Two thematically similar essays: Kayleigh Donaldson's The Women of Charlie Kaufman, at SyFy...
Much has been written about Kaufman over the years. His work easily invites painstakingly detailed dissections and the most outlandish of fan theories (for nothing could be as ludicrous as Kaufman's own ideas). What's given less attention, however, are his heroines. For a writer whose work is heavily defined by his deeply neurotic and often highly unpleasant male protagonists, it's through his female characters where his true intentions shine through. (Source)
... and Sady Doyle's Charlie Kaufman Has No Idea How to Write Women as People:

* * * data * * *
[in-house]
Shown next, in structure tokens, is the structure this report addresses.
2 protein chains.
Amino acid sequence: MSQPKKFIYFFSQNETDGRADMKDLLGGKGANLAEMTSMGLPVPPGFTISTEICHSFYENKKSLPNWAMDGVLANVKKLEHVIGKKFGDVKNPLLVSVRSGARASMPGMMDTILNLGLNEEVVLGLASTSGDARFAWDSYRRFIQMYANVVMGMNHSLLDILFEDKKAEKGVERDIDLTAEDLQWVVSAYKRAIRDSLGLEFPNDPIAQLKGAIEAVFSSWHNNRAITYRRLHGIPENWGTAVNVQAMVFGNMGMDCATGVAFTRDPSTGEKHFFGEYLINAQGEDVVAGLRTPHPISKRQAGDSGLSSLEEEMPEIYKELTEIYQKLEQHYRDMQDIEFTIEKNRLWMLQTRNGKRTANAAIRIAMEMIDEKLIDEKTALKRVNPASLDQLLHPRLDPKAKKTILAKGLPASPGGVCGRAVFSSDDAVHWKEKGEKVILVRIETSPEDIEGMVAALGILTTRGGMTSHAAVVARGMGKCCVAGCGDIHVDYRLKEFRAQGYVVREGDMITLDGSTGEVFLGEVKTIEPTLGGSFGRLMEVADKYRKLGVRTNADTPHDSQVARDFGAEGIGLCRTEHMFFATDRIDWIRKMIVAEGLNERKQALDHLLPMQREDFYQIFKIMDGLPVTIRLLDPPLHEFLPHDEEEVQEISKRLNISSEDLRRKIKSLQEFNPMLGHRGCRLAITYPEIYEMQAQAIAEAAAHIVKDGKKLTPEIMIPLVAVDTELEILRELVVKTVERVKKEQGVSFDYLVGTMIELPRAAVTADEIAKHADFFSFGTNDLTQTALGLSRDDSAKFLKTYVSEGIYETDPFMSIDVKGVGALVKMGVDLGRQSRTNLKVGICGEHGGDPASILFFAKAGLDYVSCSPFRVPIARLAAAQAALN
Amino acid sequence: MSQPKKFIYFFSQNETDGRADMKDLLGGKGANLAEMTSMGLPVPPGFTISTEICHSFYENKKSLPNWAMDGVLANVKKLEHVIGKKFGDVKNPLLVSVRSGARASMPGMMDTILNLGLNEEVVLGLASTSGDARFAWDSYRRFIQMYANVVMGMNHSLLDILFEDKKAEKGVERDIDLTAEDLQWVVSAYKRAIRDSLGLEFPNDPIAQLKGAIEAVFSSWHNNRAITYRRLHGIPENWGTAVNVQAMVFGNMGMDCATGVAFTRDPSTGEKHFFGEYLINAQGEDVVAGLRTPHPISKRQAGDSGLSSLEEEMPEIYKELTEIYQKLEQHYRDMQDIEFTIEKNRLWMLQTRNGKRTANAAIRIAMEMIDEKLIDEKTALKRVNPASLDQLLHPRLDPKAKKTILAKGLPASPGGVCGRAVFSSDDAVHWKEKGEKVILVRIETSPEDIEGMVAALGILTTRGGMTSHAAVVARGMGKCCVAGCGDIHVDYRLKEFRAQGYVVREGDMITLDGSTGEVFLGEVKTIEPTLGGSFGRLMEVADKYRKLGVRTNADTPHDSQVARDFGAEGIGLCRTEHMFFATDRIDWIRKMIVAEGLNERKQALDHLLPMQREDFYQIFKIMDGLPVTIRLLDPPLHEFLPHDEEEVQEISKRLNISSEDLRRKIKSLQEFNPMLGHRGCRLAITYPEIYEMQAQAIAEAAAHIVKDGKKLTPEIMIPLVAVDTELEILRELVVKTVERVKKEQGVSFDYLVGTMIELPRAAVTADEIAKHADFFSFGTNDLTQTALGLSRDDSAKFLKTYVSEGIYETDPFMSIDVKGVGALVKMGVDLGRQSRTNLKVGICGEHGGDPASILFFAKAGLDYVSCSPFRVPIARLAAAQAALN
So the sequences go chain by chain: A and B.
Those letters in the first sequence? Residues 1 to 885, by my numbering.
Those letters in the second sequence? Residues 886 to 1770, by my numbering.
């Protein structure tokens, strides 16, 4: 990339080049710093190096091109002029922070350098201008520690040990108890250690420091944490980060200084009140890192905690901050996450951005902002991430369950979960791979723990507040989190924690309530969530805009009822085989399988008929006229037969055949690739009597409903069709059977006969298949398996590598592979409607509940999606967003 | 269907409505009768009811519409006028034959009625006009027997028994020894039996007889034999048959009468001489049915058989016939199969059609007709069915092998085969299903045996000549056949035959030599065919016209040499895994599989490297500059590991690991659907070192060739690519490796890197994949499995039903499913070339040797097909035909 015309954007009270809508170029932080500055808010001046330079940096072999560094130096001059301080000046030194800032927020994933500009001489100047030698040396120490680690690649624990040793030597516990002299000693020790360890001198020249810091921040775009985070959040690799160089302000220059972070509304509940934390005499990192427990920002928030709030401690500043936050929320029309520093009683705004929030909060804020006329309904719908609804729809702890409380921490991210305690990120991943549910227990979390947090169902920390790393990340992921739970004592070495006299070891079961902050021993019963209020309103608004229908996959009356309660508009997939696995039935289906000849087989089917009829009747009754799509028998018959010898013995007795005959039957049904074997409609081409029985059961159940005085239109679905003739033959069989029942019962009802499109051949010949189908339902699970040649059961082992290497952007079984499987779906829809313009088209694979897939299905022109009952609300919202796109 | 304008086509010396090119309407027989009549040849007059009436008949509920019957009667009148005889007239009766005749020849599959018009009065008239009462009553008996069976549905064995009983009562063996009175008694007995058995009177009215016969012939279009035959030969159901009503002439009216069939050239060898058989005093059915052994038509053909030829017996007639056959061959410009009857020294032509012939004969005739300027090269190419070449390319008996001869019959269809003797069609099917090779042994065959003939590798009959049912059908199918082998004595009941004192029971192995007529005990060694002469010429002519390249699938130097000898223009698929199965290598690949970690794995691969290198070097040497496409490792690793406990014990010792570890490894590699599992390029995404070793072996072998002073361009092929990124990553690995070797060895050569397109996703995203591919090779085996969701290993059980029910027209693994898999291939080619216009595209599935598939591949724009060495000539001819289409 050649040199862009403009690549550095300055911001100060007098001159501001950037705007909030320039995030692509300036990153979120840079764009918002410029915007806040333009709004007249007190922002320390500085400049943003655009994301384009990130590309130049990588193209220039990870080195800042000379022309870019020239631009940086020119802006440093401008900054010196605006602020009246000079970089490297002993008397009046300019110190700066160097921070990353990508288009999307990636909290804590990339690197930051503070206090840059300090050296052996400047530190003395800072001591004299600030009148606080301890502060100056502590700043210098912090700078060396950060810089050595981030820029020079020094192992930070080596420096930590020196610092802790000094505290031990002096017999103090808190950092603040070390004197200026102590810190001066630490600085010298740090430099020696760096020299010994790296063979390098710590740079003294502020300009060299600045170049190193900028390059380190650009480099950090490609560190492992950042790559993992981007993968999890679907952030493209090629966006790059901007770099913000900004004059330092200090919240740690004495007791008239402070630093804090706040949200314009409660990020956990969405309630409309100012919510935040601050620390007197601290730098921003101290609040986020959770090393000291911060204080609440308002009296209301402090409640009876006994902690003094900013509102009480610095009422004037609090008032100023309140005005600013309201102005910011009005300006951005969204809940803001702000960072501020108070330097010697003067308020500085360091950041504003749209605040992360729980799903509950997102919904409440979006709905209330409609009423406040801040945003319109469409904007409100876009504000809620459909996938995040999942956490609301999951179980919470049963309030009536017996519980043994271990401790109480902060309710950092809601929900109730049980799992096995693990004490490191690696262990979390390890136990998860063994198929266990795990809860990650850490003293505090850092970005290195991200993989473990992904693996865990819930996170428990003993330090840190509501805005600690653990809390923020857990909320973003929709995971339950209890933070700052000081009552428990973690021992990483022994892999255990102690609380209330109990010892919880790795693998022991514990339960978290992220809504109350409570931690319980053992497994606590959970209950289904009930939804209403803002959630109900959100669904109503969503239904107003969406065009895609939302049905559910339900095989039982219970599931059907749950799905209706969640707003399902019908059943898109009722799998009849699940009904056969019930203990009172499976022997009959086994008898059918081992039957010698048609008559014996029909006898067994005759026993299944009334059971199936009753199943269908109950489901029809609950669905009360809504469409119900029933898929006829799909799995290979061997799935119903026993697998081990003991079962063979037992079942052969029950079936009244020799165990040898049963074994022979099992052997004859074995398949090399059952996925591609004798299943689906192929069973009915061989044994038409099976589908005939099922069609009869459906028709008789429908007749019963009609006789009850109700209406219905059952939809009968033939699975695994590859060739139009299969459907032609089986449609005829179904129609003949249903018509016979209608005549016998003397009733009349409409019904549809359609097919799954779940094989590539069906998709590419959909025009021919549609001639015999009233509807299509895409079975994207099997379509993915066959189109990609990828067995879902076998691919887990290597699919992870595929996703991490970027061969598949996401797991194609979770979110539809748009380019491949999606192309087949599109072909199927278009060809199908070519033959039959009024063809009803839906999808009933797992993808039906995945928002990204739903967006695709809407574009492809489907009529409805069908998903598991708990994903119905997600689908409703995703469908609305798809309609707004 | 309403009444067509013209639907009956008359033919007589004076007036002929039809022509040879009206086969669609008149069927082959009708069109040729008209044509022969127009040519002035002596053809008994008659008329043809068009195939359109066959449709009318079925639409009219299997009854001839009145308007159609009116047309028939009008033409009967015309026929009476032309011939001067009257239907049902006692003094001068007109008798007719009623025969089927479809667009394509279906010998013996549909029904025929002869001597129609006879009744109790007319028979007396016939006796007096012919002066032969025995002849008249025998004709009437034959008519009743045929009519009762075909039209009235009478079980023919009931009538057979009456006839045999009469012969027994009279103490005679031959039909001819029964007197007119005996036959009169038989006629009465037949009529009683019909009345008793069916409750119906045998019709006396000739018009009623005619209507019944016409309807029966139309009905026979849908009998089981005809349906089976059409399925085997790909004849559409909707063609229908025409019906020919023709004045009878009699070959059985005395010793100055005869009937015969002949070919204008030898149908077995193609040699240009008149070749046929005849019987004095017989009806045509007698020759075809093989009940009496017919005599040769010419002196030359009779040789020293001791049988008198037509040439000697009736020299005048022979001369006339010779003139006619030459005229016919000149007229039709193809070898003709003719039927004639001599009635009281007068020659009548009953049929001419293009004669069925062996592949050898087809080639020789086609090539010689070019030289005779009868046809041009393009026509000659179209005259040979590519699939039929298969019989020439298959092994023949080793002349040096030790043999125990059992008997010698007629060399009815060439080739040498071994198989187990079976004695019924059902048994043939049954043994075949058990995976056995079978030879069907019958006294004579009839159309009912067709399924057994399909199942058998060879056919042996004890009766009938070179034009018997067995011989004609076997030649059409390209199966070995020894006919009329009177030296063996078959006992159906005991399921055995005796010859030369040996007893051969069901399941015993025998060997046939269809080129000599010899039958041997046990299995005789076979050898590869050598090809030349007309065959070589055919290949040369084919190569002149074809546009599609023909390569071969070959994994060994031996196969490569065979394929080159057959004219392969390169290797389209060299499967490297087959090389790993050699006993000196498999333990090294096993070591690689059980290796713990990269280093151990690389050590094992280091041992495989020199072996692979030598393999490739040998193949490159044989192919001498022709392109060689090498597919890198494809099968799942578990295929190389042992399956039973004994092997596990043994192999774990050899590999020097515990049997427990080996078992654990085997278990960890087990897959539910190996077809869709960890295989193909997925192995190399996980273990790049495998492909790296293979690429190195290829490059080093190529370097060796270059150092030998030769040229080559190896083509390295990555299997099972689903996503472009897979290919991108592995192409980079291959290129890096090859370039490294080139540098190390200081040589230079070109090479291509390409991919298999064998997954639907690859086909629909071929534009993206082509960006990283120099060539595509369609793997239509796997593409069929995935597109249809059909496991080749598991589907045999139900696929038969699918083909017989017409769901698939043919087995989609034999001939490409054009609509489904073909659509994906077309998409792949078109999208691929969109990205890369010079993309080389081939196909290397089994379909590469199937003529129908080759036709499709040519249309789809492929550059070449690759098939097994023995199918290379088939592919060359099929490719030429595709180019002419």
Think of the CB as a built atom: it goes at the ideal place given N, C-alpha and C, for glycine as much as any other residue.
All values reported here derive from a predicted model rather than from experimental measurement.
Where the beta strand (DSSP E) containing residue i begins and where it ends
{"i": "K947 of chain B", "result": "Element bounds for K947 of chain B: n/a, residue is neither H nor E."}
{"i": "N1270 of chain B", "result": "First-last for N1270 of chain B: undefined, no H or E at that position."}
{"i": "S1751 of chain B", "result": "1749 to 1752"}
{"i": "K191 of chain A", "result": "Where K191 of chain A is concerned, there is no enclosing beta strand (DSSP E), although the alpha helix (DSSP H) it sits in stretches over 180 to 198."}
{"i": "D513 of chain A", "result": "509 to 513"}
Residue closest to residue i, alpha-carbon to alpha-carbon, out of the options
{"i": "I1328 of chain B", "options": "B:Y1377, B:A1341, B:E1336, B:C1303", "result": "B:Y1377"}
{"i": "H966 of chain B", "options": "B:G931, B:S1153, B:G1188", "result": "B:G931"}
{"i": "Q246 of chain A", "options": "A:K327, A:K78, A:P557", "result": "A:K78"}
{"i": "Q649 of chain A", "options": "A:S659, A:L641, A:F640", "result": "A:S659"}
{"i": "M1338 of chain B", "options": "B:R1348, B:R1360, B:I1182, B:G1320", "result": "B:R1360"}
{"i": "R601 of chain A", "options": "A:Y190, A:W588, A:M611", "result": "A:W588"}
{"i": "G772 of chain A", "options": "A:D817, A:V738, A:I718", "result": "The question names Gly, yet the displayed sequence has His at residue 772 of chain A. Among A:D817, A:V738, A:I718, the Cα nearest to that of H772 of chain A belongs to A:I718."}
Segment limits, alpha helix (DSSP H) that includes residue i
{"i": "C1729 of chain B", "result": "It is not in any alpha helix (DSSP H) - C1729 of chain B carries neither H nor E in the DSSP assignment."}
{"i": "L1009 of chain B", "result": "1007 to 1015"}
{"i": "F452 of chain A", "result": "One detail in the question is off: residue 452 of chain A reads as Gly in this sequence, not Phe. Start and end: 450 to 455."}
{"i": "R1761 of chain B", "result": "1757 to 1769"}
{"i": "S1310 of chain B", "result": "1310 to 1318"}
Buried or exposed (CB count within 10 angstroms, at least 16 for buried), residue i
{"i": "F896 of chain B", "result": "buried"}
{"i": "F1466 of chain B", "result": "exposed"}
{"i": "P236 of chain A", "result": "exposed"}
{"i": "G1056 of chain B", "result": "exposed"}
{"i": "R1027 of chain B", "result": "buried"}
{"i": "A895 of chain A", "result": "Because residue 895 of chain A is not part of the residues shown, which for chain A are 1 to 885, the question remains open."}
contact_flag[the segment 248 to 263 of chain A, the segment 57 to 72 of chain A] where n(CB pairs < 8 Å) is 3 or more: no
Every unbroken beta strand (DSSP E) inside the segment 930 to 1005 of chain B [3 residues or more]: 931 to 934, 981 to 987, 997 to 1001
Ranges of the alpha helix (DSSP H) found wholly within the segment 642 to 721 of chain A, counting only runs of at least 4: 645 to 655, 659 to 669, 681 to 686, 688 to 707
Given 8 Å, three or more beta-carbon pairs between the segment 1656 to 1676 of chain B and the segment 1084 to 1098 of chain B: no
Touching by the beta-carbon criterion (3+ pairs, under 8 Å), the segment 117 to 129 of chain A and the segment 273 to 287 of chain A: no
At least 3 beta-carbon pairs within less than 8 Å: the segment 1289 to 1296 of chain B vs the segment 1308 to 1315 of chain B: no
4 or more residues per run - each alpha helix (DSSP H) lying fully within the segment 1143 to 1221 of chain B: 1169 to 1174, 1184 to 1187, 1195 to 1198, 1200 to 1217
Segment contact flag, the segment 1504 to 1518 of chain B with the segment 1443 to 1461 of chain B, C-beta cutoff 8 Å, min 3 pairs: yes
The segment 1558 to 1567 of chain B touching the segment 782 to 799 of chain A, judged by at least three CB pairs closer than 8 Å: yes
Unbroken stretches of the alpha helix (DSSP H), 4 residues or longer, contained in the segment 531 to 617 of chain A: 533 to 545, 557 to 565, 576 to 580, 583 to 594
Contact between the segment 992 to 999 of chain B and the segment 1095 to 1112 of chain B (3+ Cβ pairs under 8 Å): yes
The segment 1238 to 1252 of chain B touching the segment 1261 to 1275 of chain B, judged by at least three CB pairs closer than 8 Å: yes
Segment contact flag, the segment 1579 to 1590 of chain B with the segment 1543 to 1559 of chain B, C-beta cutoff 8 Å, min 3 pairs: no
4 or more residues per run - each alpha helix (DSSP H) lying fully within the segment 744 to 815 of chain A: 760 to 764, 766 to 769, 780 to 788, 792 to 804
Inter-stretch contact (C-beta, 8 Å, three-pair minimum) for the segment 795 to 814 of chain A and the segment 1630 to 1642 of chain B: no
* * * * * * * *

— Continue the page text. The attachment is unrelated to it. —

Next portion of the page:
Kaufman is a capital-G Great Writer, one of the greatest we have working for the screen. No one else could write so many classic movies about the same guy. Yet there is a coldness to his work, and particularly to the way he writes women — who are often literally fantasies, or memories, or projections, or symptoms of a man’s discontent, and rarely full, human protagonists in their own right. The way these women so often turn out to be inexplicable or imaginary might be a dazzling reflection of the postmodern condition, but it might also be a reflection of a culture in which women are rarely accorded full humanity at all. (Source)
Two valid views, both of them well thought out. Both writers raise good points. And I just want to make it clear: Doyle is obviously a fan of CK's work overall.